Being Part Of A Medical Study Can Be A Long, Slow Slog : Shots

Here’s a kale salad and sweet potato that did get their portraits taken in the name of medical research.

Courtesy of Brandie Jefferson


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Courtesy of Brandie Jefferson

Here’s a kale salad and sweet potato that did get their portraits taken in the name of medical research.

Courtesy of Brandie Jefferson

“Why am I doing this, again?”

I’ve asked myself that question several mornings over the past few months as my stomach begins growling, usually after I smell popcorn in my coworker’s office. He’s on a strict 10 a.m. popcorn schedule that coincides with my strict 10 a.m. hunger pang schedule.

I am following an intermittent fasting program as part of a clinical trial for people with multiple sclerosis. For the past five months, I have tried to eat only between noon and 8 p.m., and am allowed only water, tea or coffee during the remaining 16 hours.

Brandie Jefferson was tasked with sending photos of what she ate two days a week to researchers. But it got harder to remember to do that before the food was gone.

Courtesy of Brandie Jefferson


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Courtesy of Brandie Jefferson

Brandie Jefferson was tasked with sending photos of what she ate two days a week to researchers. But it got harder to remember to do that before the food was gone.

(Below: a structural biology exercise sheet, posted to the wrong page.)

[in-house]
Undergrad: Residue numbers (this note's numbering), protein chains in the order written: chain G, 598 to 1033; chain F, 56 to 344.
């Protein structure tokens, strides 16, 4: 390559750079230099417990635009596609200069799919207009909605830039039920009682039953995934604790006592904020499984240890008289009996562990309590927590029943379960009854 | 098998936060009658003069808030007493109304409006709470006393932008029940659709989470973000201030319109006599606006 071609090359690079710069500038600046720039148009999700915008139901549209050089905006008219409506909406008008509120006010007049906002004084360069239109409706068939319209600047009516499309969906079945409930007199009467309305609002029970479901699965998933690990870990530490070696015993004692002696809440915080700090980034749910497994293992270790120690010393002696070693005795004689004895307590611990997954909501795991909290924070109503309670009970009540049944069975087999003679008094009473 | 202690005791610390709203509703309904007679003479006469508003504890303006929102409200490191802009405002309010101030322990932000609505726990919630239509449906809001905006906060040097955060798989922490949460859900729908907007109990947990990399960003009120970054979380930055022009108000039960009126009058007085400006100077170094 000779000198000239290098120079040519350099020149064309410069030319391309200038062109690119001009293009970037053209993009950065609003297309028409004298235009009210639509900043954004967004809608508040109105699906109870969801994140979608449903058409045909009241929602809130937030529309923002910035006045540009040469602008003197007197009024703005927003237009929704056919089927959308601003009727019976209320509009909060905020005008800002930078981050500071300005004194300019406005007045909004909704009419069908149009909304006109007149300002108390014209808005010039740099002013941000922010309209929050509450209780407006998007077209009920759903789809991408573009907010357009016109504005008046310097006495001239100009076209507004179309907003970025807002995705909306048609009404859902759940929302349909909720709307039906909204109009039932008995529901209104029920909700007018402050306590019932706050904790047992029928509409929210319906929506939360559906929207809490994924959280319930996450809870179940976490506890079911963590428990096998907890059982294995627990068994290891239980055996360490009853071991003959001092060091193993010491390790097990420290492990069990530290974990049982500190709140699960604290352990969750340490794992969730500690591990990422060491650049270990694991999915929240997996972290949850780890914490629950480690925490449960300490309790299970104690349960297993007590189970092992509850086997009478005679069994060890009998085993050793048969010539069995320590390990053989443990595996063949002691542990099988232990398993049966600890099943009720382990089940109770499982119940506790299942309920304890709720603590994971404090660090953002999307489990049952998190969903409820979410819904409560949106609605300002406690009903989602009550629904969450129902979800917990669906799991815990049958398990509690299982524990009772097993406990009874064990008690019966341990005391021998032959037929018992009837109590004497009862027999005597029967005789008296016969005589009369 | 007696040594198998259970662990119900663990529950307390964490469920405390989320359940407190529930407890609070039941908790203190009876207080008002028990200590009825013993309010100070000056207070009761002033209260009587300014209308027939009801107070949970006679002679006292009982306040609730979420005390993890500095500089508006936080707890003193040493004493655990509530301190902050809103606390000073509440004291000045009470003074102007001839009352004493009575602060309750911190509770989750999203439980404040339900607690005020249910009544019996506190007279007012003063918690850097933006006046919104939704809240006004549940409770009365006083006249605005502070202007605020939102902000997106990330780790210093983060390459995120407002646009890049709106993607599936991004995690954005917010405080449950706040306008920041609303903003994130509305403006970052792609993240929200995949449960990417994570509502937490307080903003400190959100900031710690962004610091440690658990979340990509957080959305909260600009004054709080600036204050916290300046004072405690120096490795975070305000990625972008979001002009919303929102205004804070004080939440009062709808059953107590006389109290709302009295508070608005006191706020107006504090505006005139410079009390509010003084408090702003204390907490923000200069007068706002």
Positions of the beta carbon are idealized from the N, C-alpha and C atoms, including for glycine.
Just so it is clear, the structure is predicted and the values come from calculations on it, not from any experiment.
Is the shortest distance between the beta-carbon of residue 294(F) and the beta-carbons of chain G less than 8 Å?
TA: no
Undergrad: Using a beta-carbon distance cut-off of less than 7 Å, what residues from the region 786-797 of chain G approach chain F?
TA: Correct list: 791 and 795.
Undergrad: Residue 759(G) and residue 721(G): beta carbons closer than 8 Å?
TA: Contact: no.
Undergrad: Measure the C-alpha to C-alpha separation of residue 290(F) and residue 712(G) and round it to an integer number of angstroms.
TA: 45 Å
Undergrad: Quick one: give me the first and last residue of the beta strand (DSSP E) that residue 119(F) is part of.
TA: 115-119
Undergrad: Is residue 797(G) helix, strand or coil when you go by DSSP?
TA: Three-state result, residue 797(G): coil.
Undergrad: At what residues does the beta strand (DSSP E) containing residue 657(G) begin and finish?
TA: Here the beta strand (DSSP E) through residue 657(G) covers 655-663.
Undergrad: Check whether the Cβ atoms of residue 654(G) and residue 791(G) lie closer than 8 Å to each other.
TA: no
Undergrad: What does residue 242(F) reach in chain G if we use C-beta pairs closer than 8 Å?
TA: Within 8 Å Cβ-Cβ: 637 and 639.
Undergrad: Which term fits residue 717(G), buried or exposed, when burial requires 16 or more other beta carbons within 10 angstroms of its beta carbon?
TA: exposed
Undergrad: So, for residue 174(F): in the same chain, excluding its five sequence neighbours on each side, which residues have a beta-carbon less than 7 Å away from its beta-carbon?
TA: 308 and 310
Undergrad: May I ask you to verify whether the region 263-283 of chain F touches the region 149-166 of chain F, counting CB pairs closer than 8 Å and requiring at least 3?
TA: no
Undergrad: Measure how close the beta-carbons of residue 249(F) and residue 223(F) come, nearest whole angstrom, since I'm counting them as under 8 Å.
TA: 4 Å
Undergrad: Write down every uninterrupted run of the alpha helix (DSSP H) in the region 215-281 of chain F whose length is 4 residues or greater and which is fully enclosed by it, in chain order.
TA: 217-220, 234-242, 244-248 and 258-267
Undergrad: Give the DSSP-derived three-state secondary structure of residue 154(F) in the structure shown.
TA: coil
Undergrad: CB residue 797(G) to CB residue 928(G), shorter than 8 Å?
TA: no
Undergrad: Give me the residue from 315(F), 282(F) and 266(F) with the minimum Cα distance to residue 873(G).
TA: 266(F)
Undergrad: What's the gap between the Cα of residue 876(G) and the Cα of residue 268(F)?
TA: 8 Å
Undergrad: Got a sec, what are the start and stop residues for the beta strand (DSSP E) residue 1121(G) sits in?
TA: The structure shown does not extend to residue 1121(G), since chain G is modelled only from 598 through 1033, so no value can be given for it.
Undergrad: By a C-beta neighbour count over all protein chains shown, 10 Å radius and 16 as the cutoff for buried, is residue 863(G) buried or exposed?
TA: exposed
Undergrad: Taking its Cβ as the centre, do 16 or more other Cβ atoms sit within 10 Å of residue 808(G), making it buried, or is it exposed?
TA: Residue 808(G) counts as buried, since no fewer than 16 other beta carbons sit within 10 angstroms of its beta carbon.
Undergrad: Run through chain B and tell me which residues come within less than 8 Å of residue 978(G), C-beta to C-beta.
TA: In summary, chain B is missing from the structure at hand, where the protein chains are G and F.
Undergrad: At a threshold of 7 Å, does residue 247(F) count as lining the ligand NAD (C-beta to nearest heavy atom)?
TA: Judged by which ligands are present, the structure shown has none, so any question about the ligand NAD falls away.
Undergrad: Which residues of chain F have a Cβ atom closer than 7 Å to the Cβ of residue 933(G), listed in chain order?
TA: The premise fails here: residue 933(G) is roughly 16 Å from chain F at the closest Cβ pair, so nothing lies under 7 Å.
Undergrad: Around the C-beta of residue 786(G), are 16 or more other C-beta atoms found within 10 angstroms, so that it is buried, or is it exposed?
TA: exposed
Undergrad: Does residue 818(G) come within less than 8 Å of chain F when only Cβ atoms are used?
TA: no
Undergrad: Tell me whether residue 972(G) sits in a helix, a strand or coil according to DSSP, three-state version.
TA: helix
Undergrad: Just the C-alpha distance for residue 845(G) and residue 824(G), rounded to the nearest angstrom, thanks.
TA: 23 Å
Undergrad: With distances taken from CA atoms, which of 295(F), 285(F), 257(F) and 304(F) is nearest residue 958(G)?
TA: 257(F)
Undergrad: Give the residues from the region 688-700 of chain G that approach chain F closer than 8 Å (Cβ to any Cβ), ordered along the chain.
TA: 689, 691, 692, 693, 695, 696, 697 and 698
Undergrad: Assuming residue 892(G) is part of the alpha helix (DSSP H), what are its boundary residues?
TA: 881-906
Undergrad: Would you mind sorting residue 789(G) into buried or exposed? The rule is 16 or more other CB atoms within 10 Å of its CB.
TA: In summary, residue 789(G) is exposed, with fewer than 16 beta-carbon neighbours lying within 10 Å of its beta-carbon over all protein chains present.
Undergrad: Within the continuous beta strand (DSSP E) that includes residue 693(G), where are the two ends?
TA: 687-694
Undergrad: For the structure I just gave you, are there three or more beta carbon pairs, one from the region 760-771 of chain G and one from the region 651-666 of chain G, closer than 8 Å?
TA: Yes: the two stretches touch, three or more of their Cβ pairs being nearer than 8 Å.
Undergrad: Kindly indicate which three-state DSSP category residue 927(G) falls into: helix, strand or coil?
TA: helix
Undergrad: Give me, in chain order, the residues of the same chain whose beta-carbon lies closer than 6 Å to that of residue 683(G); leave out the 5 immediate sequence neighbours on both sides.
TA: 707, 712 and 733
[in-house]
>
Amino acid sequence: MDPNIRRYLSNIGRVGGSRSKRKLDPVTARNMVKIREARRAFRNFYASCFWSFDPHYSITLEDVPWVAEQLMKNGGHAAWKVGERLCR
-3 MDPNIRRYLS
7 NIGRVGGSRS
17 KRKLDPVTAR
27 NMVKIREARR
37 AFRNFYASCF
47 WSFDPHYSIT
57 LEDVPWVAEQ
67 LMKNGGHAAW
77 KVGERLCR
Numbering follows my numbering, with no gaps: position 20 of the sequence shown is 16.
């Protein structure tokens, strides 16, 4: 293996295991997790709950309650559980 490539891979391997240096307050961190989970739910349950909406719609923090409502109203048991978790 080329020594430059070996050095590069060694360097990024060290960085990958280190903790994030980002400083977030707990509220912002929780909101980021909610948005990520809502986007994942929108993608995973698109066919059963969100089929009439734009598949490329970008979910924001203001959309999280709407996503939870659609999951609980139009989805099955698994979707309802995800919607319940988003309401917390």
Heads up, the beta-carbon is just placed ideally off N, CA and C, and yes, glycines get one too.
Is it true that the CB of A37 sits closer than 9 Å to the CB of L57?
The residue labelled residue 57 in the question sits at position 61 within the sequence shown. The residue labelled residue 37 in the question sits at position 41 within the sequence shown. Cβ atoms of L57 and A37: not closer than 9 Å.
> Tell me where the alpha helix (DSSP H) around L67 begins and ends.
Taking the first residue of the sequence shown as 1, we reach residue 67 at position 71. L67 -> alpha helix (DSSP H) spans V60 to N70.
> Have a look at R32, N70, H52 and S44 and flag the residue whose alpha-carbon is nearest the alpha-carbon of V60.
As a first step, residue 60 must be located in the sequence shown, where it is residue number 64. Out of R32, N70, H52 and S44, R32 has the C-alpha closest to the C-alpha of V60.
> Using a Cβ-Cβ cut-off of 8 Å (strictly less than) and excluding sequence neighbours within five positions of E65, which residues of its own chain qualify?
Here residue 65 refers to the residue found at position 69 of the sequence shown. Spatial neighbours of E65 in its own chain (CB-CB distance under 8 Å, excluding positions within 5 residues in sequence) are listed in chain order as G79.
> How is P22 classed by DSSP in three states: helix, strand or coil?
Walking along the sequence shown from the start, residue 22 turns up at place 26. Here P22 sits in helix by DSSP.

Courtesy of Brandie Jefferson

It’s part of a study at Johns Hopkins Medicine in which researchers are looking at bacteria in the guts of patients with multiple sclerosis to determine whether intermittent fasting changes the number, the types, or the functions of our bacteria. They’re also looking to see if any of those changes affect inflammation and the symptoms we experience.

Scientists know that fasting can affect the microbiome, according to Dr. Ellen Mowry, associate professor of neurology and epidemiology at the Johns Hopkins University and lead researcher for the study. But they don’t yet know now. Right now, researchers are simply trying to determine which dietary changes affect the microbiome and what the effects are. It’s a complicated interplay of microbes, the human body, the environment and genetics.

The science is hard, yes, but so is the intermittent fasting!

Mowry said in an email that when she tries to fast…

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